Copyright © 2004 Phillips & Nelson Media, Inc.

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Customer Reviews

I gave this book 200 pages to hook me and it failed miserably.
Gaychoo
The sex is supposed to be what sets Smiley's book apart and makes it so daring, but I found much of it just boring and certainly no reason to recommend it.
Christine Zibas
Some characters are well drawn and very 3D; some seemed flat and thin.
Mark Stevens

Most Helpful Customer Reviews

56 of 67 people found the following review helpful By Roni Jordan on March 26, 2007
Format: Hardcover Verified Purchase
Jane Smiley does indeed have a keen ear and masterful touch with dialogue, but....449 pages of eavesdropping on the rambling conversations of these assorted Hollywood stereotypes does not add up to an engrossing read. Like many others, after 150 pages of hoping for some redeeming quality in this work, I threw my copy in the trash. This book evoked the same visceral reaction I have to people carrying on cell phone conversations in public places - the instinct for fight or flight.
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26 of 31 people found the following review helpful By Linda Pagliuco TOP 1000 REVIEWERVINE VOICE on May 9, 2007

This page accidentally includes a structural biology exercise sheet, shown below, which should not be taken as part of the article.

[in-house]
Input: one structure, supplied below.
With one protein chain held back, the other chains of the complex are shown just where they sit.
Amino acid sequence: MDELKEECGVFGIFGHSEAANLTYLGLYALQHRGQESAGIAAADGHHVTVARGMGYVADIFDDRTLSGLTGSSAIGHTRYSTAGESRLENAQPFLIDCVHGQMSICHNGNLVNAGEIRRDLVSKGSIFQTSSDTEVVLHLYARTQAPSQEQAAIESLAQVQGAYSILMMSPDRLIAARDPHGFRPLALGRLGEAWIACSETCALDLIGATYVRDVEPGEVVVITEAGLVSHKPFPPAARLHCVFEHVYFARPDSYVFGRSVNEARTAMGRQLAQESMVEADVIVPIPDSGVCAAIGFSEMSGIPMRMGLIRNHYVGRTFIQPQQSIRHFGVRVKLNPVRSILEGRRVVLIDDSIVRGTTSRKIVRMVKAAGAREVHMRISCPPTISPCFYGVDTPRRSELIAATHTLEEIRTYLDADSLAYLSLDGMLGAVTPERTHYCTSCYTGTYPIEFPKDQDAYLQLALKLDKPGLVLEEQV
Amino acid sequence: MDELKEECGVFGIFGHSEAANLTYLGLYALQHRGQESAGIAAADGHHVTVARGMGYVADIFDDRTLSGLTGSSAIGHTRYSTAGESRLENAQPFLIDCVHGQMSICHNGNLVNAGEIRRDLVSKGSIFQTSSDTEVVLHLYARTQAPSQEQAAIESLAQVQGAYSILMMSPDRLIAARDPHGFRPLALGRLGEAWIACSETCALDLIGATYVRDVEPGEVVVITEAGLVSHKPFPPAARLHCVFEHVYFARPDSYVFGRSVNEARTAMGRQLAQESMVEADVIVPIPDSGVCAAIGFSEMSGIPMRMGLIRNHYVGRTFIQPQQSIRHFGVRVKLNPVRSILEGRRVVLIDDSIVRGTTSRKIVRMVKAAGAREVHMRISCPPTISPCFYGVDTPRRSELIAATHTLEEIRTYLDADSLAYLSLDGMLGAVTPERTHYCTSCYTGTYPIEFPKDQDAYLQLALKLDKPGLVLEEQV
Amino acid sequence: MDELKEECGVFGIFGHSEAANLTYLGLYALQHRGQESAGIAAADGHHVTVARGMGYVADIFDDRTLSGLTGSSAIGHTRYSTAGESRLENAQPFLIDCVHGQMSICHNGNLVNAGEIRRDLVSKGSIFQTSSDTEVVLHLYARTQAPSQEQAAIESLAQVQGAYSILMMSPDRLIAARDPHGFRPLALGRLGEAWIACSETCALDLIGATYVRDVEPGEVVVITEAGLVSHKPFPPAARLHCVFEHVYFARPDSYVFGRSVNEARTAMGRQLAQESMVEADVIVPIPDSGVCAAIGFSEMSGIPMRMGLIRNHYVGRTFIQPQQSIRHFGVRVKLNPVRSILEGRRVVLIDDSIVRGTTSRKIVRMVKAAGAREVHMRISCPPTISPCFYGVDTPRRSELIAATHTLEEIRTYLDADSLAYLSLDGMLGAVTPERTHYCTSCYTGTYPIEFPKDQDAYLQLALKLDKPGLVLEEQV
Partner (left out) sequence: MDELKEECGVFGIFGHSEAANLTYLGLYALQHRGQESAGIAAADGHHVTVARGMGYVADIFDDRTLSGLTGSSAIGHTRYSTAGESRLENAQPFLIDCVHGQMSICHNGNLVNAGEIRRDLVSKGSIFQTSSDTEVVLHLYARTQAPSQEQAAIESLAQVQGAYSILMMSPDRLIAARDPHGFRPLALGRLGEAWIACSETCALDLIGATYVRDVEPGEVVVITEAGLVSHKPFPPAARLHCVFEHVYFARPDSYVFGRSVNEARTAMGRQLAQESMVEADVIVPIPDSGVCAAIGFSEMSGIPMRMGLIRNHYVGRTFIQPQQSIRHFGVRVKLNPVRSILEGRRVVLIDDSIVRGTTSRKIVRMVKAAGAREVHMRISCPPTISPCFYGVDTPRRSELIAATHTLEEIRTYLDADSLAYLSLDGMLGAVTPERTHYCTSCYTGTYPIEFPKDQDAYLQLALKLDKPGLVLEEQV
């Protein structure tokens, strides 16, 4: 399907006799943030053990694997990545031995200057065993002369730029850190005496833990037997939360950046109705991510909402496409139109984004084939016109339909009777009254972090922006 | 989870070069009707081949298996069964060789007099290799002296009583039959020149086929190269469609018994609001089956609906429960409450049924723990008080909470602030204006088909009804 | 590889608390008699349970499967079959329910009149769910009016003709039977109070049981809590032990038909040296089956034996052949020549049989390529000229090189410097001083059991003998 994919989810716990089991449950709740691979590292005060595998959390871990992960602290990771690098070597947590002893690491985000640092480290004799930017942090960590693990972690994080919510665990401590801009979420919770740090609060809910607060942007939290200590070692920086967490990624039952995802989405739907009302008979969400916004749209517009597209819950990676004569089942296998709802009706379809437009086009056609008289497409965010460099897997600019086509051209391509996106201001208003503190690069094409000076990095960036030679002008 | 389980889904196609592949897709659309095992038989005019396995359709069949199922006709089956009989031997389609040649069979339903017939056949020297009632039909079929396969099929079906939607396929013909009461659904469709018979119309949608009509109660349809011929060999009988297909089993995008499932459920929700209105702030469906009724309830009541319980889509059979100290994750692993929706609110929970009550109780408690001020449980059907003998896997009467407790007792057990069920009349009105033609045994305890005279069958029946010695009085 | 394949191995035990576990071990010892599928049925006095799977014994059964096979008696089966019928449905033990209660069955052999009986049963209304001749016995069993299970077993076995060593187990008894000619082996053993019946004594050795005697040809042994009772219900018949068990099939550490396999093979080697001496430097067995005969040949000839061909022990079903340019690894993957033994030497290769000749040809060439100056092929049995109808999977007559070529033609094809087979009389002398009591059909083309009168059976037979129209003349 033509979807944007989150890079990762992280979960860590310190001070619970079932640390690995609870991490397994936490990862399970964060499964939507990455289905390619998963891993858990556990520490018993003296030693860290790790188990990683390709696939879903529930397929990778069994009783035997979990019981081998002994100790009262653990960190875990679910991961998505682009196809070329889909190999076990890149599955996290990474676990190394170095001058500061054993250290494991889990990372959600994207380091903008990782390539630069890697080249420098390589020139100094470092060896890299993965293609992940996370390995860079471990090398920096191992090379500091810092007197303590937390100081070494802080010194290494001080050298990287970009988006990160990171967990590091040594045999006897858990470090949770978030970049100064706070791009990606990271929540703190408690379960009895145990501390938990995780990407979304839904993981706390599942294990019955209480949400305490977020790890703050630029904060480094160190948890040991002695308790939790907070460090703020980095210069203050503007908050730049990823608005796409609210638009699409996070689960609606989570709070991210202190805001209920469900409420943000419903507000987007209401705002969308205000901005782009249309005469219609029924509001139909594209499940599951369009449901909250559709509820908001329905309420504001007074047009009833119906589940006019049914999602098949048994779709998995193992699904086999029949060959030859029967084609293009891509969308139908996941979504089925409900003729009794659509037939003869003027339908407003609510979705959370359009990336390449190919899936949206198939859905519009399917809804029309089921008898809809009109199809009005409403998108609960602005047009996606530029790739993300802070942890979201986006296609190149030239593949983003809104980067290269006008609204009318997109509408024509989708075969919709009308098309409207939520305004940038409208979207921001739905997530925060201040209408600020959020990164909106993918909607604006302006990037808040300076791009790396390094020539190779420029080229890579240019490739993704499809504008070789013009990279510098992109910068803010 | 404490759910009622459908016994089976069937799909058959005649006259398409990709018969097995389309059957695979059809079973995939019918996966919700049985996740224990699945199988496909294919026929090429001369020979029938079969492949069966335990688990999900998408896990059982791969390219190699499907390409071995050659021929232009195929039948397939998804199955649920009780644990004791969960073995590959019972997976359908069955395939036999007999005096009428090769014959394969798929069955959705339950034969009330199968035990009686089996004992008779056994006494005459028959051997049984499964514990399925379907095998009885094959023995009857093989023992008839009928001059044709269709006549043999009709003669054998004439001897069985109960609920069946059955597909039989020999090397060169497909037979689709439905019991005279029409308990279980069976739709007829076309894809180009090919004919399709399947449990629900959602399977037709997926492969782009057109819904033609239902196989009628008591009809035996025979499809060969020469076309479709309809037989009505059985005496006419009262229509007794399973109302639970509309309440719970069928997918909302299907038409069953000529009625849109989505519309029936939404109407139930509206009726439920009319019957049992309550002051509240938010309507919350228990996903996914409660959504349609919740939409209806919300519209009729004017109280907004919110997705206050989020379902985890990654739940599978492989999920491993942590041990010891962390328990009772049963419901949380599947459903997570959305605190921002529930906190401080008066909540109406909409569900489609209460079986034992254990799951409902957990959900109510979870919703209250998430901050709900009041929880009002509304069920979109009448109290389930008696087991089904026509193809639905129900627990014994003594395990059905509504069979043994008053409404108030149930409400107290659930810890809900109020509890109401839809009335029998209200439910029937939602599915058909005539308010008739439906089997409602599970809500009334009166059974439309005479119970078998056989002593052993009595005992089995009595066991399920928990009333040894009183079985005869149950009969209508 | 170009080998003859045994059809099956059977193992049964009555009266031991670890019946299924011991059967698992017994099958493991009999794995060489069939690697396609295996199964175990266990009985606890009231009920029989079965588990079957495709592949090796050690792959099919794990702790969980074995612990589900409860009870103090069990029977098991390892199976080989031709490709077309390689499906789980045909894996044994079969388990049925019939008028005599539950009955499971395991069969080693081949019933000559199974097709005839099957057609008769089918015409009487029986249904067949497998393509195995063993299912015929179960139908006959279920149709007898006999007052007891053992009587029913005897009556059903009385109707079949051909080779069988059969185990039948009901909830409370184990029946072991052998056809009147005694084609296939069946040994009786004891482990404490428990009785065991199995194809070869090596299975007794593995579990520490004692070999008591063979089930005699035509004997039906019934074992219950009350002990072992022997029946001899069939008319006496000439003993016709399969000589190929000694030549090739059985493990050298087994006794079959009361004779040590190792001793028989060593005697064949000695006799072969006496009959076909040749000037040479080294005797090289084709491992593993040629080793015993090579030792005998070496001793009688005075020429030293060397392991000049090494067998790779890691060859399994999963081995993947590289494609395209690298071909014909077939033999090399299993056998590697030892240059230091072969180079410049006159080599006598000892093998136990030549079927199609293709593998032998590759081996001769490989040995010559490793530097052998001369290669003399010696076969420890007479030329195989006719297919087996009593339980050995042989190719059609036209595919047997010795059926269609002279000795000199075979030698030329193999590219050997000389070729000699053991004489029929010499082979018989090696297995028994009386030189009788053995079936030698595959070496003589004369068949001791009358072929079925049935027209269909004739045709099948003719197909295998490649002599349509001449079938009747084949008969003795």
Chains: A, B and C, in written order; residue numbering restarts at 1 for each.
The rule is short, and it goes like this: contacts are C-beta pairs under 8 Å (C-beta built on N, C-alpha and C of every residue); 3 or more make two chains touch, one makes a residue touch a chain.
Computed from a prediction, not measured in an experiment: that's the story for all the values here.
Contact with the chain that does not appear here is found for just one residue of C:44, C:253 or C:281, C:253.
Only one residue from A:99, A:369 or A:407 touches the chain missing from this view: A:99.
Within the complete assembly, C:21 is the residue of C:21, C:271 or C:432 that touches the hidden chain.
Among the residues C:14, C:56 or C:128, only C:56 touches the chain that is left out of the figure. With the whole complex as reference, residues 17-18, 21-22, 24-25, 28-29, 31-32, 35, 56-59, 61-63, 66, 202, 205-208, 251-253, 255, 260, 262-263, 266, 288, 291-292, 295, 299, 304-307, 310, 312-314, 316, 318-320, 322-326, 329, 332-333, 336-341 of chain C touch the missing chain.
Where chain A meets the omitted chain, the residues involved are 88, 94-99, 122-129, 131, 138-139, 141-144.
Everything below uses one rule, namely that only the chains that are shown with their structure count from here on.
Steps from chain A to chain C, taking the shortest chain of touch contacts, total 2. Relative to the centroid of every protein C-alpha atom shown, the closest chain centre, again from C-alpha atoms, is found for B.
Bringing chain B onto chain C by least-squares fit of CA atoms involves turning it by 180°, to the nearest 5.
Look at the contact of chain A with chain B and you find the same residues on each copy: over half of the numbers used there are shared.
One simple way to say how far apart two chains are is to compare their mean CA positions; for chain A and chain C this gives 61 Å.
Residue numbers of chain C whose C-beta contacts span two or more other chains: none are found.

Format: Hardcover
Much as I hate to, I have to cast my vote in the negative column. Usually, a book written by a writer as gifted as Jane Smiley would garner an automatic 2 stars just to start. Her way with words is masterful - usually. But this novel is so mind-numbingly slow, and the characters so egocentric and shallow, that it would be difficult to spend 30 minutes in a room with them in person, never mind trying to spend umpteen pages reading about their every physical sensation. It seems none of them have very many intellectual sensations. Seinfeld was the show about nothing, but the characters and conversation were quirky, honest, and funny. This book about nothing has none of those advantages.
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40 of 50 people found the following review helpful By Richard S. Sackler on March 23, 2007
Format: Hardcover
This book has a lot of sex, but it has no redeeming importance, social, politcal, personal, or otherwise. It isn't just that the basic premise of analagizing the War in Iraq to the Great Plague in Europe in the 14th century is rediculous and offensive. Worse still is the fact that the book has no reason for being written or read. It is vacuous.

I wish I had read my fellow suckers' reviews and saved my money and my time. I got to page 35 and couldn't remember much of anything, because there is nothing memorable. I kept reading, but it only got more dreary. Amazing that Knopf published this MS that should have been left on the cutting room floor as a novel out-take. An equally good alternative would have been to have all the copies put into a burn bag in the CIA so that no one would have even known it existed. The author should be ashamed. The editor should be dismissed.

This book may have some use other than recycling. You can serve the Green Revolution by stoking your wood-burning stove.
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8 of 8 people found the following review helpful By SKM on October 13, 2007
Format: Hardcover